Furthermore, the Criminal Code contains sentencing principles that can apply to non-fatal violence inflicted on victims. For example, section 718.2 of the Criminal Code sets out a number of aggravating factors that must be considered by a judge before imposing a sentence in relation to any crime.

Among these aggravating factors are the following: evidence that the offender, in committing the offence, abused the offender's spouse or common-law partner; evidence that the offence had a significant impact on the victim, considering their age and other personal circumstances, including their health and financial situation.

In other words, the Criminal Code already contains crimes that capture the kind of conduct that Bill C-242 wishes to specifically catch, perhaps most notably the crimes of aggravated assault and aggravated sexual assault. Existing sentencing provisions do already provide a range of aggravating factors that could apply in a case of private torture.

In effect, I believe there is no gap in the criminal law that requires the creation of a new offence of private torture to provide for a remedy. The proposed torture offence in Bill C-242 is therefore not necessary. It is also useful to know that these existing laws can and do work effectively to address these types of cases.

Next let me address the issue that this would create an inconsistency in punishment. The proposed penalty for this new offence of private torture would be a maximum sentence of life imprisonment. I start with a basic proposition that similar crimes should be dealt with similarly.

As I have previously outlined, the crimes of aggravated assault and torture in sections 268 and 269.1 of the Criminal Code have a maximum penalty of 14 years' imprisonment. Even if the crime of aggravated assault is omitted from this equation, leaving us to compare just the offence of torture in section 269.1 of the Criminal Code to the offence proposed in the bill, the stark contrast in punishment remains: maximum punishment of 14 years in relation to section 269.1 versus life imprisonment in relation to the proposed offence.

Creating an offence of private torture could have the unintended effect of seriously weakening Canada's contribution to the focused global effort to prevent torture under the convention against torture. This could cause confusion as to what Canada considers to be its international obligation when it comes to the effective prevention of torture. This is because, as was indicated earlier in debate, there would be two definitions of torture, one of which, in the private torture offence, would be narrower than the internationally accepted definition of torture set out in section 269.1.

States that are reluctant to abide by the obligations set out in the convention could argue that they need not accept the internationally accepted definition of torture because Canada has enacted a private torture offence that contains a narrower definition.

It could be argued that this inconsistency could best be resolved by increasing the maximum punishment for torture in section 269.1 to life imprisonment. However, such a change would result in yet another inconsistency being created. The maximum punishment for aggravated assault would no longer be the same as that for torture under section 269.1 of the Criminal Code. It would remain at 14 years' imprisonment.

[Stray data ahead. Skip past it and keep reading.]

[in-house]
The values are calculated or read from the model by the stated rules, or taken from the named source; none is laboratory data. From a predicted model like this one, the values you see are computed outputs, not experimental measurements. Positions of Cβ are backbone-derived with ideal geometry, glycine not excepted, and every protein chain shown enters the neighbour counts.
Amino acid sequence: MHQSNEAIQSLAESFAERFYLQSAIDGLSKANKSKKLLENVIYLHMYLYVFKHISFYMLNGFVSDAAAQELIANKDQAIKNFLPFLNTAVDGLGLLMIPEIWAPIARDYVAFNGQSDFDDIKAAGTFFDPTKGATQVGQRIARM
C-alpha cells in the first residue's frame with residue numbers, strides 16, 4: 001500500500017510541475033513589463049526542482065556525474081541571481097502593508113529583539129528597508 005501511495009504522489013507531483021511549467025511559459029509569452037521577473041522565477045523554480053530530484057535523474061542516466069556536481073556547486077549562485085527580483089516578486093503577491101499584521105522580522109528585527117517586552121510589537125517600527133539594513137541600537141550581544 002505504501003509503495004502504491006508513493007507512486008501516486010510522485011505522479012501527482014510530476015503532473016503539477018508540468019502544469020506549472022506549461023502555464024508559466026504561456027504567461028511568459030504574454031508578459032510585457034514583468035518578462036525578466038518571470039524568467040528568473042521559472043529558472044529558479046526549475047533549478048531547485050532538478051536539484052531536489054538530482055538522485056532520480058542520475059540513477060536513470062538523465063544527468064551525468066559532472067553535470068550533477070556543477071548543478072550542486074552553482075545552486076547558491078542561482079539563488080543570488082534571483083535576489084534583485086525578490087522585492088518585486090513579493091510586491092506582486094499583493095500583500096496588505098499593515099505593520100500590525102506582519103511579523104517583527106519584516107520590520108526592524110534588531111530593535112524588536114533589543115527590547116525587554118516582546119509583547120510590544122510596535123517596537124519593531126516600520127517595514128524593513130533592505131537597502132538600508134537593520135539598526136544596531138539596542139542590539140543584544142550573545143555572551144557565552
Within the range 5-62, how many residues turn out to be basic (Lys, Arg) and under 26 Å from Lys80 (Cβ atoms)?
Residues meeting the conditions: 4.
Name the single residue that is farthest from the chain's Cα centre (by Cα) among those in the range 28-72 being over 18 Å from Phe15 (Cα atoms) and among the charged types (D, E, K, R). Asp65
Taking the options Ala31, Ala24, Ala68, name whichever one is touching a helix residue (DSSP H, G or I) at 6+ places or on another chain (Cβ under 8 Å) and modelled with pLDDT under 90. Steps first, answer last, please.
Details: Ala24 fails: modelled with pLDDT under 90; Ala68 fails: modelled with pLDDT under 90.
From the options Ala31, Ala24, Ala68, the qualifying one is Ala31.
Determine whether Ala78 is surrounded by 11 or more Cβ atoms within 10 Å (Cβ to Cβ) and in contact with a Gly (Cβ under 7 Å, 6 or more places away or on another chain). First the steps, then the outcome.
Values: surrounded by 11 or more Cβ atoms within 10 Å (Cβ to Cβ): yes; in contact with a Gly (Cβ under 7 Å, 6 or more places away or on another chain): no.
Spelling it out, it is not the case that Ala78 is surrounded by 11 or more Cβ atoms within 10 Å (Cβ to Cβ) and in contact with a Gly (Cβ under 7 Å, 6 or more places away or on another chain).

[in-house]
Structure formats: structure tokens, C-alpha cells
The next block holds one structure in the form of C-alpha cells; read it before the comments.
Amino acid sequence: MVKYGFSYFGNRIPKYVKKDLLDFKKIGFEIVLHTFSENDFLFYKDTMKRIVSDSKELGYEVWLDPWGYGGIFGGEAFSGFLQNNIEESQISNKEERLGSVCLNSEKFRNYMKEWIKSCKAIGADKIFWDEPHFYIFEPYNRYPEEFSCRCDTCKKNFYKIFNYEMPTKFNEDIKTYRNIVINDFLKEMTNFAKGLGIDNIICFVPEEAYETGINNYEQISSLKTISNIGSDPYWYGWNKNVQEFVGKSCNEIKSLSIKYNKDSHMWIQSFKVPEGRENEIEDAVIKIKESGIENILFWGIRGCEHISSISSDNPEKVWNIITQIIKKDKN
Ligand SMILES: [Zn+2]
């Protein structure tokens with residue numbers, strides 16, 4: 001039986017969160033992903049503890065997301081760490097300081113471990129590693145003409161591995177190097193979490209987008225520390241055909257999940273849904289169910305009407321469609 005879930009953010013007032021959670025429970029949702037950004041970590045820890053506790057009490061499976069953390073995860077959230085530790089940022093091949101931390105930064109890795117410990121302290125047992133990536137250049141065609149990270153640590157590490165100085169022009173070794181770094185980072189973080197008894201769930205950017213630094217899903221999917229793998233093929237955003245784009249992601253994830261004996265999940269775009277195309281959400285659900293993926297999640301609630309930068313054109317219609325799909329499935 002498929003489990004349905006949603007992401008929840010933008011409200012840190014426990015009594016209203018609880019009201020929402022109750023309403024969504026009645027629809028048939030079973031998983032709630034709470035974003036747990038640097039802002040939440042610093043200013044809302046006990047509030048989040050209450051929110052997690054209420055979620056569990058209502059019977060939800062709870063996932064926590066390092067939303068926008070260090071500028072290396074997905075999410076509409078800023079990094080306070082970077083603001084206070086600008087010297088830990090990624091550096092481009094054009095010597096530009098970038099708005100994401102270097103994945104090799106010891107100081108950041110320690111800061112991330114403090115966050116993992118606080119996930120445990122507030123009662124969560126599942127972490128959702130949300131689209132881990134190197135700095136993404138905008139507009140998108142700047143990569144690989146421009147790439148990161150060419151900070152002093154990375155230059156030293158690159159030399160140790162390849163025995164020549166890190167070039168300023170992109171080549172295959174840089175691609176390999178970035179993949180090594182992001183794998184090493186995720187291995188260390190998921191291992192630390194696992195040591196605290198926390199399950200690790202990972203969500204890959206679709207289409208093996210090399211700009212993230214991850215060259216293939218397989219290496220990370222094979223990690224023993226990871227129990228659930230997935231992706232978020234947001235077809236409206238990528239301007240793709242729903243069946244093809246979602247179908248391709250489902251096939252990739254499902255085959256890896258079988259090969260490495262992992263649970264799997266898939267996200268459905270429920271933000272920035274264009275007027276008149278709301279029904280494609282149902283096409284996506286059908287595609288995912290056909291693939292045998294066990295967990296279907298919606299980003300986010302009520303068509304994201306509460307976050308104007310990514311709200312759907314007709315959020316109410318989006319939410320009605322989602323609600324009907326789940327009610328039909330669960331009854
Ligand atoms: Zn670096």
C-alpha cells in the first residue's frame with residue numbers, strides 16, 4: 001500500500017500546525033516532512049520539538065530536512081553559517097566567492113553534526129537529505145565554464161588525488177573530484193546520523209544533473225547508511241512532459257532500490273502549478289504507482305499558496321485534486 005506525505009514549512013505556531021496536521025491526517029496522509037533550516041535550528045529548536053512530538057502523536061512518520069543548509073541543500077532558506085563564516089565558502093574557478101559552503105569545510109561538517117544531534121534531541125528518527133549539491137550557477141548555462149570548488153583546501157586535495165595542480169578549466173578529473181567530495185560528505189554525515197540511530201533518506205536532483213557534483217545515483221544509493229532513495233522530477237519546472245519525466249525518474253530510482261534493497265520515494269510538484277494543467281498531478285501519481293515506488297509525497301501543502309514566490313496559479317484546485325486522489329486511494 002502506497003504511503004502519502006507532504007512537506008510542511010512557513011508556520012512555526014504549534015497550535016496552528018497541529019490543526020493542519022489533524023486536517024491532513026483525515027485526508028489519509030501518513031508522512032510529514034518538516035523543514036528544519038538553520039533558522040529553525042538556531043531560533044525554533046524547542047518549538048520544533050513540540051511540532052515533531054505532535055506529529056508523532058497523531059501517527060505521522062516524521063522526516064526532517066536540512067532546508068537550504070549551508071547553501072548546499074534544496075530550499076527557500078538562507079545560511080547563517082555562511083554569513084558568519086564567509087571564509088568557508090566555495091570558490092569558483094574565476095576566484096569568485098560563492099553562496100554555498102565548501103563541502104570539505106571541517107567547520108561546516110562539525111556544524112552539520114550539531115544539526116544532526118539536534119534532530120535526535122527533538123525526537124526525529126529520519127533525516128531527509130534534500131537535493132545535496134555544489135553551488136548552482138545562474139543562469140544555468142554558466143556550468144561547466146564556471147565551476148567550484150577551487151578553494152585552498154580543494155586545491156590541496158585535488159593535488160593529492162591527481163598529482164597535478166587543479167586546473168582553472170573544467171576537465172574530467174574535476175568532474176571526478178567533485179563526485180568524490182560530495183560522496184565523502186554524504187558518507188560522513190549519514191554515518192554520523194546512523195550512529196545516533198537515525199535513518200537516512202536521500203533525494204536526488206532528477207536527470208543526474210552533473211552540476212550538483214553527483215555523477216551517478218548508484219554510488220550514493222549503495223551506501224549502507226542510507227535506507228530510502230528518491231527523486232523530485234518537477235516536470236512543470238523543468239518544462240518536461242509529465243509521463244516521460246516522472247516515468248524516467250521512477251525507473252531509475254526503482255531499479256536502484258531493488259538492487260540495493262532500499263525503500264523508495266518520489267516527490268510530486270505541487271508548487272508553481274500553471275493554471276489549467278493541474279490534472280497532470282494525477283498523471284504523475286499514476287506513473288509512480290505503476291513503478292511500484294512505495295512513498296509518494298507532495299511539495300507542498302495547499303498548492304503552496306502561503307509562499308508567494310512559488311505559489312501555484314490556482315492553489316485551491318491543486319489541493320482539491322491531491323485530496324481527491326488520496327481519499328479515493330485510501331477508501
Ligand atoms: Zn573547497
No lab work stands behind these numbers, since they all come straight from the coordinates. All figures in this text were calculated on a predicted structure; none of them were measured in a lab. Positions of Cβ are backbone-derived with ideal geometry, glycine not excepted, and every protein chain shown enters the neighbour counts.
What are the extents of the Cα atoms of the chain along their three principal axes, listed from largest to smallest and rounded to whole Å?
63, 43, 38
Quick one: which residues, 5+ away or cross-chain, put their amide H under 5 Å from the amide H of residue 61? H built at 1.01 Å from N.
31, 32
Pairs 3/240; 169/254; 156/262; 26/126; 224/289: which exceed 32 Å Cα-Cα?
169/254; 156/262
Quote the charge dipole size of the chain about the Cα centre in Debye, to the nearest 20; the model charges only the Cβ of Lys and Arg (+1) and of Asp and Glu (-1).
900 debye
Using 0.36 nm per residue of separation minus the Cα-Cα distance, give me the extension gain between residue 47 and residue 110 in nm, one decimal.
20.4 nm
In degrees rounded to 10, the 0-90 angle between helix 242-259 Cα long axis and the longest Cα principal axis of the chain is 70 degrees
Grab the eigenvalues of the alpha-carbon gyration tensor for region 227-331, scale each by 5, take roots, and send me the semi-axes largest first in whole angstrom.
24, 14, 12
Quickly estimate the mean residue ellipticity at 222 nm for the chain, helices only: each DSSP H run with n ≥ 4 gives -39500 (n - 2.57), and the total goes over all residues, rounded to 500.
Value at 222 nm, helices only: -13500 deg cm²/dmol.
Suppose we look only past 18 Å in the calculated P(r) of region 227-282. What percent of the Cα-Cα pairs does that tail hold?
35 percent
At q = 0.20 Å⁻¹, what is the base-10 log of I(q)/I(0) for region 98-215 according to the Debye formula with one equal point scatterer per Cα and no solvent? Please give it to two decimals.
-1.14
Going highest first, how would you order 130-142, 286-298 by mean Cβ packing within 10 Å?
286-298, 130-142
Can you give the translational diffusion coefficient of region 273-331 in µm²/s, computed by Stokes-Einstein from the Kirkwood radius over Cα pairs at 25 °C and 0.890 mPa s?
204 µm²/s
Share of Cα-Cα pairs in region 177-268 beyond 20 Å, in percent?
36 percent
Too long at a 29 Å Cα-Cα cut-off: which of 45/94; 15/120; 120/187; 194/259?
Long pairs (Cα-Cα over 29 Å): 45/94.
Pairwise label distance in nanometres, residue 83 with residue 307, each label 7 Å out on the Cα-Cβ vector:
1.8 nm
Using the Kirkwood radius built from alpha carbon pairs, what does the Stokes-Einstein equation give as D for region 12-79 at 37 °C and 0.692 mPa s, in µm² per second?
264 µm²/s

The result would be that someone who maims another by, for example, cutting off his or her hand, would be seen as less blameworthy than the state official or private individual who whips someone repeatedly.

In my view, it is far better to have the norm for maximum punishment for the most violent forms of non-fatal violence to be 14 years' imprisonment rather than to erode this norm by seeking higher maximum punishments for such conduct.

Let me address the final effect that the proposed offence would have on the Criminal Code. It would not complement the offence of state-sanctioned torture found in section 269.1. Instead, it largely overlaps with section 269.1 and thereby undercuts the exclusive jurisdiction of section 269.1 to address state-sanctioned torture. This is because it is defined so broadly that it captures anyone who commits the conduct defined as torture by the offence, whether private citizen or public official. Put another way, it is not restricted to torture committed by a private citizen.

The effect is that, if a case should arise where a public official commits torture as defined by the bill, a prosecutor would have the choice of prosecuting either under the new offence or the current offence found in section 269.1. Such a result is possible, especially if the prosecutor wishes to obtain the most severe sentence possible. He or she could avoid the 14-year maximum punishment for torture under section 269.1 of the Criminal Code by prosecuting under the proposed offence, which has a maximum punishment of life imprisonment.

In my view, creating this crime would likely have immense symbolic value to some of the most vulnerable persons in our society. However, symbolism alone is not enough reason to add yet another offence to the vast array of offences and sentencing procedures that already catch the most harmful kinds of assault and that already speak to Canada's ongoing efforts to protect the most vulnerable among us.

For these reasons, I am opposed to the bill, and I call on other members of the House to also oppose it.

I do wish to say in closing that the goal of the bill and the intent of the member is to advocate against violence, and that is a goal which we can all support.

Criminal CodePrivate Members' Business

6 p.m.


Daniel Blaikie NDP Elmwood—Transcona, MB

Mr. Speaker, I want to thank the hon. member for his speech. He demonstrated an impressive familiarity with the relevant laws in question.